After being diagnosed with Covid-19, 26-year-old Fiona Lowenstein experienced a long, difficult and nonlinear recovery first-hand. Lowenstein became sick on 17 March, and was briefly hospitalized for fever, cough and shortness of breath. Doctors advised she return to the hospital if those symptoms worsened – but something else happened instead. “I experienced this whole slew of new symptoms: sinus pain, sore throat, really severe gastrointestinal issues,” she told me. “I was having diarrhea every time I ate. I lost a lot of weight, which made me weak, a lot of fatigue, headaches, loss of sense of smell …”

By the time she felt mostly better, it was mid-May, although some of her symptoms still routinely re-emerge, she says.

“It’s almost like a blow to your ego to be in your 20s and healthy and active, and get hit with this thing and think you’re going to get better and you’re going to be OK. And then have it really not pan out that way,” says Lowenstein.

Unable to find information about what she was experiencing, and wondering if more people were going through a similarly prolonged recovery, Lowenstein created The Body Politic Slack-channel support group, a forum that now counts more than 5,600 members – most of whom were not hospitalized for their illness, yet have been feeling sick for months after their initial flu-like respiratory symptoms subsided. According to an internal survey within the group, members – the vast majority of whom are under 50 – have experienced symptoms including facial paralysis, seizures, hearing and vision loss, headaches, memory loss, diarrhea, serious weight loss and more.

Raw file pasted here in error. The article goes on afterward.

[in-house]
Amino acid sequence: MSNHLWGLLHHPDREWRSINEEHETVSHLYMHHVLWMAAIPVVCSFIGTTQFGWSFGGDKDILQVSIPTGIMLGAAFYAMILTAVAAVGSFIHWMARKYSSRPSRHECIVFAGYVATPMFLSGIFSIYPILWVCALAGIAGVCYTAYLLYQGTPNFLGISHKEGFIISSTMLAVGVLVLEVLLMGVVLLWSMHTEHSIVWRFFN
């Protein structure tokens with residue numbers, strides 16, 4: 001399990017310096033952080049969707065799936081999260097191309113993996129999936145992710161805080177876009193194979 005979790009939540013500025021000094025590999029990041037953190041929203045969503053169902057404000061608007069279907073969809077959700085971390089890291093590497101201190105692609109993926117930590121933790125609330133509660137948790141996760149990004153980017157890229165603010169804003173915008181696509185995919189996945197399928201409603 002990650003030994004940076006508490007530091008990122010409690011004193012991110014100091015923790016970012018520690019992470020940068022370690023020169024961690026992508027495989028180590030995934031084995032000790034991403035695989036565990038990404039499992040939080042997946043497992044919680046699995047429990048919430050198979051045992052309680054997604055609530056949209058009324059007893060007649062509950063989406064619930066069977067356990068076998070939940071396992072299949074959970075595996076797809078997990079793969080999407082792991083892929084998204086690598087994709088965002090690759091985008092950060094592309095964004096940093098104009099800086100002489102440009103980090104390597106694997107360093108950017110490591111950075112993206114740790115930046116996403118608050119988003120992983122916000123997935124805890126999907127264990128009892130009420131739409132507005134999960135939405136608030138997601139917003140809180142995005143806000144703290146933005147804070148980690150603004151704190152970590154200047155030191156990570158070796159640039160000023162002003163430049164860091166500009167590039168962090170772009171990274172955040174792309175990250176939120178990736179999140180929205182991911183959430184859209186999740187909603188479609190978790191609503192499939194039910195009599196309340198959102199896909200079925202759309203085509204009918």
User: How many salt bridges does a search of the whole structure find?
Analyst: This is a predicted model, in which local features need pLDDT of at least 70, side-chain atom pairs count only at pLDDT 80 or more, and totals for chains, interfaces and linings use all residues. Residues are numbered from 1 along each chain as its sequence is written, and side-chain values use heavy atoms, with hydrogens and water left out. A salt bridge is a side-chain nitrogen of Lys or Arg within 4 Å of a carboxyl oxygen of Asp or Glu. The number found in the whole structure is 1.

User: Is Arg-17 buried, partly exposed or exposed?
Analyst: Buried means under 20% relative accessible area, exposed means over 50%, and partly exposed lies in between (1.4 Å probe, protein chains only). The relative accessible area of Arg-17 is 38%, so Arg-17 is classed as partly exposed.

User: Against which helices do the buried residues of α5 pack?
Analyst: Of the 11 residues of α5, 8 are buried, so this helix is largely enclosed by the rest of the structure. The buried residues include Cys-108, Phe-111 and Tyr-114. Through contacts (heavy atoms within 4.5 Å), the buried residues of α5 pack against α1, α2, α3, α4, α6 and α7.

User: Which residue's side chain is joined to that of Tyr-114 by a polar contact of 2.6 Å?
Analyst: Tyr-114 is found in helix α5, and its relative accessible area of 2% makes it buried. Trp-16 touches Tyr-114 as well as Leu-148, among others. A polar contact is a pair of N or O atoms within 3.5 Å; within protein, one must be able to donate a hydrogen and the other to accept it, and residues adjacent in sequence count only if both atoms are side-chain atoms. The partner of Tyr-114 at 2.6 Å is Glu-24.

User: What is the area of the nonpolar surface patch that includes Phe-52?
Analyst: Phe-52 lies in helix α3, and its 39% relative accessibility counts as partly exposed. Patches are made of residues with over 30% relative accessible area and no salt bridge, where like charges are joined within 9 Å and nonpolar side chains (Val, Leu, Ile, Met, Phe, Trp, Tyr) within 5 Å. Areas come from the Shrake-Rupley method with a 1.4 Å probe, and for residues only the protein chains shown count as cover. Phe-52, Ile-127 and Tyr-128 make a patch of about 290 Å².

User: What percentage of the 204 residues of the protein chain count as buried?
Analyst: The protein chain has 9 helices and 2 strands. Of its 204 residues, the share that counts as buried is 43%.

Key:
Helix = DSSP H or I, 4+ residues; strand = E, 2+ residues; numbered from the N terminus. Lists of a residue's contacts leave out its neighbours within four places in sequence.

“To me, and I think most people, the definition of ‘mild’, passed down from the WHO and other authorities, meant any case that didn’t require hospitalization at all, that anyone who wasn’t hospitalized was just going to have a small cold and could take care of it at home,” Hannah Davis, the author of a patient-led survey of Body Politic members, told me. “From my point of view, this has been a really harmful narrative and absolutely has misinformed the public. It both prohibits people from taking relevant information into account when deciding their personal risk levels, and it prevents the long-haulers from getting the help they need.”

At this stage, when medical professionals and the public alike are learning about Covid-19 as the pandemic unfolds, it’s important to keep in mind how little we truly know about this vastly complicated disease – and to listen to the experiences of survivors, especially those whose recoveries have been neither quick nor straightforward.

It may be reassuring to describe the majority of Covid-19 cases as “mild” – but perhaps that term isn’t as accurate as we hoped.

  • Adrienne Matei is a freelance journalist